SDDM (Simple Desktop Display Manager) is a modern, free and open source Display Manager available on Linux and other Unix platforms like FreeBSD. It works both with X11 and Wayland, and is based on QtQuick, a framework to build QML applications. SDDM allows a great degree of customization and; thanks to this, a lot of custom themes are available for it.
In this tutorial we see how to install and enable SDDM on some of the most used Linux distributions, and how to change its look by using custom themes.
In this tutorial you will learn:
- What is a Display Manager
- How to install and enable SDDM on some of the most used Linux distributions
- How to install and use SDDM themes
- How to test a SDDM theme without installing it
|Category||Requirements, Conventions or Software Version Used|
|Other||Administrative privileges to install theme files|
|Conventions||# – requires given linux-commands to be executed with root privileges either directly as a root user or by use of
What is a display manager?
Modern Linux distributions, when a desktop environment such as GNOME, Xfce, or KDE is installed, use a software called “display manager” to provide the user with a graphical interface he can use to login into the system. When more than one desktop environment is installed, a display manager allows also the user to choose which one to use. SDDM is a display manager written using Qt libraries (more specifically the QtQuick framework), and for this reason it is usually used as the default display manager for KDE Plasma.
How to install SDDM?
As we just said, if you are using KDE Plasma as desktop environment, chances are you already are using SDDM; however, here is how you can install it explicitly on some of the most used Linux distributions. On Fedora, to install software packages, we use the
dnf package manager. We run:
$ sudo dnf install sddm
After performing the installation, to setup SDDM as the default display manager you should disable the display manager currently in use, and enable SDDM in its place. Supposing you are using “Lightdm”, for example, you would run:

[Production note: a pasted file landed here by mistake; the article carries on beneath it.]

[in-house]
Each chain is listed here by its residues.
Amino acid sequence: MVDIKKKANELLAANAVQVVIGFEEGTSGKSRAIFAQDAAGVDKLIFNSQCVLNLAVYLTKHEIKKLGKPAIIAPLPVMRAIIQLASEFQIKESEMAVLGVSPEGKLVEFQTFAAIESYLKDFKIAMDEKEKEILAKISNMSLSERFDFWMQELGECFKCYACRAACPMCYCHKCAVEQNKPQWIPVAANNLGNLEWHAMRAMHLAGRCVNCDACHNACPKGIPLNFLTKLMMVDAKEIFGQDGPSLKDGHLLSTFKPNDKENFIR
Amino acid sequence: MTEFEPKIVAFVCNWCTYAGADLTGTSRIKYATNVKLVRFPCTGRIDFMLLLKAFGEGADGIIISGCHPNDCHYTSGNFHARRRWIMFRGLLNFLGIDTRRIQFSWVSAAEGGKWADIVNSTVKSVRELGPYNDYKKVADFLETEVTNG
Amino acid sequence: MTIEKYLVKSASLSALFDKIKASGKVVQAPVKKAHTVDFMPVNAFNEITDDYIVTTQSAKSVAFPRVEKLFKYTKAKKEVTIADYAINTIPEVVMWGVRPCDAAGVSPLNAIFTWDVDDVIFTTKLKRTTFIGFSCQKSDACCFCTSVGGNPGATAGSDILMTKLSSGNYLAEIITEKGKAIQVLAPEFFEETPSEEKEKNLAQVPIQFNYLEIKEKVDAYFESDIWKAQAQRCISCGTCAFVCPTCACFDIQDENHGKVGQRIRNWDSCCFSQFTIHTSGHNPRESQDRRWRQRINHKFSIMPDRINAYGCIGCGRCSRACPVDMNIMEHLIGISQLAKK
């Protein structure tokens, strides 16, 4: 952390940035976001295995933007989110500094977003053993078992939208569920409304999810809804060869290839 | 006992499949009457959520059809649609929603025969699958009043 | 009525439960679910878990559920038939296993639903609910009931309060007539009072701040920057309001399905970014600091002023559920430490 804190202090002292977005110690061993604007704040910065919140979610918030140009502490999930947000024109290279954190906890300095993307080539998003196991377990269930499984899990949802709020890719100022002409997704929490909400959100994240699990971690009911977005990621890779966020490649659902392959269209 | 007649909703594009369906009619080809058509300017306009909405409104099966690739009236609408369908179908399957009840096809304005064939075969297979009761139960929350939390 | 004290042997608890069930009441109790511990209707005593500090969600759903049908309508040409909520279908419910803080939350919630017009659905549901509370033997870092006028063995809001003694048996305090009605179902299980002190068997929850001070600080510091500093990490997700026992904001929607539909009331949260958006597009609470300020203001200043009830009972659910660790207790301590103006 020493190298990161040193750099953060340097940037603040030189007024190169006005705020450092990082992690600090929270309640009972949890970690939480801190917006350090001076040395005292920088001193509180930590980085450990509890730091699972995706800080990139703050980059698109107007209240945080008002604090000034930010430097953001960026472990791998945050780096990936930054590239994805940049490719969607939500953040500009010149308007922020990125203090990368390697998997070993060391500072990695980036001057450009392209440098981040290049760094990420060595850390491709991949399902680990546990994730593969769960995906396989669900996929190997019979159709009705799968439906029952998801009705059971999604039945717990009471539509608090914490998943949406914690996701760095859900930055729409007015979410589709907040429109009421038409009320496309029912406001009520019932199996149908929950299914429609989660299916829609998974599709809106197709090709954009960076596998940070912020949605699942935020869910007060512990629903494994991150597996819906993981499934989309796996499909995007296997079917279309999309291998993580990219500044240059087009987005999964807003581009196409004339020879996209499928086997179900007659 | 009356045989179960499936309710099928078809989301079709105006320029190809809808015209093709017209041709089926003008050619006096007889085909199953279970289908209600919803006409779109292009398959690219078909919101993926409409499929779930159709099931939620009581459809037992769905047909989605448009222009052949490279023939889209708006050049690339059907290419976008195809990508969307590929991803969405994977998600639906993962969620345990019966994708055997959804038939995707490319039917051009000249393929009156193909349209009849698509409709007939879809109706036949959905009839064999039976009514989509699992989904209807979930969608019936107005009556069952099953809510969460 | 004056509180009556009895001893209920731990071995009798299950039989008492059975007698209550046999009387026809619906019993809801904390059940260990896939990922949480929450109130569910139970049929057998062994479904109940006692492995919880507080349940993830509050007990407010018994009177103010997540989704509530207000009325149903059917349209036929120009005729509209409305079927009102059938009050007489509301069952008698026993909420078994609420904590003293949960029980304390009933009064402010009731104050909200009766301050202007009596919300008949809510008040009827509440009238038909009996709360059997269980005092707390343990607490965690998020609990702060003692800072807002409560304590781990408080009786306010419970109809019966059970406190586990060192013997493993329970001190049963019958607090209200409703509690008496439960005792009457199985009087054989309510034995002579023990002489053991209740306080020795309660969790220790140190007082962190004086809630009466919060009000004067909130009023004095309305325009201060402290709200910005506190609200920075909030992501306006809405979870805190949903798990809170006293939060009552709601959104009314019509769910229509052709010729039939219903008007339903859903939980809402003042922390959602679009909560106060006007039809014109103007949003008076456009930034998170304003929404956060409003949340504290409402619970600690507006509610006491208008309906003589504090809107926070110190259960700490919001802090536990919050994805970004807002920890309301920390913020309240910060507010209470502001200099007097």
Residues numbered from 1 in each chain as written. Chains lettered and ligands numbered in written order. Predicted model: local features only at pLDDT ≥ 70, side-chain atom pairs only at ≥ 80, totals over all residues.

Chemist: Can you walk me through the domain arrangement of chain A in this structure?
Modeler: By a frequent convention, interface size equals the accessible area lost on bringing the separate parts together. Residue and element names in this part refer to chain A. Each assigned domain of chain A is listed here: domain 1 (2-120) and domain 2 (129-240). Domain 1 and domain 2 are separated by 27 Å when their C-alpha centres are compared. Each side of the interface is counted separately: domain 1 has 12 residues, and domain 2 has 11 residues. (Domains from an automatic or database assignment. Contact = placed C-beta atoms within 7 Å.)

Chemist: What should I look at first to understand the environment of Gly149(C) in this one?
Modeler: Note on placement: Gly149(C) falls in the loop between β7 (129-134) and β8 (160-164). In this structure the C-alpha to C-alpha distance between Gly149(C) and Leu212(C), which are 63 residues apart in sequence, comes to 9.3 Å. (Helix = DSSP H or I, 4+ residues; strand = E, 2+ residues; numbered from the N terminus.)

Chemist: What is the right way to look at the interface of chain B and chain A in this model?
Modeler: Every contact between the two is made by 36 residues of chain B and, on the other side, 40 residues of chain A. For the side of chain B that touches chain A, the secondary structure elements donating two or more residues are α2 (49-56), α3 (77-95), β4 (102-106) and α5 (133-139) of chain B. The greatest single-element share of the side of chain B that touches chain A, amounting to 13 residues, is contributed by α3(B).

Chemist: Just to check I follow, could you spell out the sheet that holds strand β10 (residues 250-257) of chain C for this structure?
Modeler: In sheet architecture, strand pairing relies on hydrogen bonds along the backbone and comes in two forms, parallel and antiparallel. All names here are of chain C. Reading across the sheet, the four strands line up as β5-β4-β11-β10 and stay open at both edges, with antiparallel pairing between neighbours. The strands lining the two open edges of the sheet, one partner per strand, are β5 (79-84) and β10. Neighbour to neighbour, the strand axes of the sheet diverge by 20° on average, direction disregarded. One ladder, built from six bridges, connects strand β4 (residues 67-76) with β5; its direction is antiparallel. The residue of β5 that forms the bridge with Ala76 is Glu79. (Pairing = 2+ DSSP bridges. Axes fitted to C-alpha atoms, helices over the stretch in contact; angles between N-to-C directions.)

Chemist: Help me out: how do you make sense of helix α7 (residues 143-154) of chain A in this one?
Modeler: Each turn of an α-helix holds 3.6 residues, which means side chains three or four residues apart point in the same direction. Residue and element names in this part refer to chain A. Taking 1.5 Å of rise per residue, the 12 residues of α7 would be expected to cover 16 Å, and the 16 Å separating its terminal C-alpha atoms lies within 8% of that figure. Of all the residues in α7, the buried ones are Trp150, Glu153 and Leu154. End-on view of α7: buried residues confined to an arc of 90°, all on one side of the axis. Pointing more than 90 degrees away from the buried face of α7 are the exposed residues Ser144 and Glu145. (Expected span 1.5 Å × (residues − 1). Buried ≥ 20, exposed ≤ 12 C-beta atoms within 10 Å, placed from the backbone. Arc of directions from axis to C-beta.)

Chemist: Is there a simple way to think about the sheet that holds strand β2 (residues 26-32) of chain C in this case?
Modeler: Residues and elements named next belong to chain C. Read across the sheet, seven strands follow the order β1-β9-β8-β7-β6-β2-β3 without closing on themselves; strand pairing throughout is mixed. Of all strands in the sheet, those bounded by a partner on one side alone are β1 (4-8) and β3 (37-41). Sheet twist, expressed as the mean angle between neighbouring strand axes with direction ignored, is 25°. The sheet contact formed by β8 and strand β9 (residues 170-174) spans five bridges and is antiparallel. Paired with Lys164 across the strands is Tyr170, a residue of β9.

$ sudo systemctl disable lightdm && sudo systemctl enable sddm
The next time you reboot the system, you will be prompted to login in the interface provided by SDDM.
To install SDDM on Archlinux, instead, we use
$ sudo pacman -Sy sddm
The instruction to enable the display manager are the same we used above, for Fedora.
On Ubuntu, Debian and other similar distributions, to install SDDM we can use the
$ sudo apt install sddm
When performing the installation on those distributions, and another display manager is already installed, you may be prompted to select which one should run by default. To use SDDM, just choose the corresponding entry in the menu, and confirm your choice:
To install SDDM on OpenSuse, we can use the
zypper package manager:
$ sudo zypper in sddm
After the installation is complete, to set SDDM as the default, you need to run:
$ sudo update-alternatives --set default-displaymanager /usr/lib/X11/displaymanagers/sddm
Installing and using custom SDDM themes
Customizing SDDM by using custom themes is very easy. On the vast majority of cases, the directory in which SDDM looks for themes is
/usr/share/sddm/themes: is in this directory that we need to place any theme that we want to use. The directory probably contains already more than one theme, and your favorite distribution may have a package which contains some themes. On the latest version of Fedora, for example, there is a package called
sddm-themes. Here is the content of the
/usr/share/sddm/themes after the package is installed:
$ ls -l /usr/share/sddm/themes drwxr-xr-x. 3 root root 4096 Jul 26 11:54 elarun drwxr-xr-x. 2 root root 4096 Jul 26 11:54 maldives drwxr-xr-x. 6 root root 4096 Jul 26 11:54 maya
As you can see the directory contains three themes. How can we use one of them? Well, it is really easy! All we have to do is to change the SDDM configuration file,
/etc/sddm.conf. To change a theme, in the
[Theme]section we need to assign the name of the theme we want to use as the value of the
Currentoption. To use the “maya” theme, for example, we would write:
To visualize the changes, you could just logout, however, there is a better way to check how a theme would look.
Getting a preview of a theme
Having to logout each time we want to try a new SDDM theme would be annoying, but don’t worry, since there is a method we can use to get a preview of how a theme would look before applying it. What we want to do is to run the
sddm-greeter utility using the
--theme options, passing the path of the directory containing the theme we want to test as the argument of the latter. Suppose we want to get a preview of the “maya” theme; we would run:
$ sddm-greeter --test-mode --theme /usr/share/sddm/themes/maya
The command can be invoked as a normal user, since it doesn’t need special permissions. Here is the generated preview:
Once you find a theme that you like, you can just apply it, as we did previously. To find new and shiny SDDM themes, you can visit sites like gnome-look.org or search Github, since in the vast majority of cases themes development is managed using git, and hosted on that platform.
In this tutorial we learned how to install and enable the SDDM display manager on some of the most used Linux distributions and how to easily customize it by using one of the many custom themes available.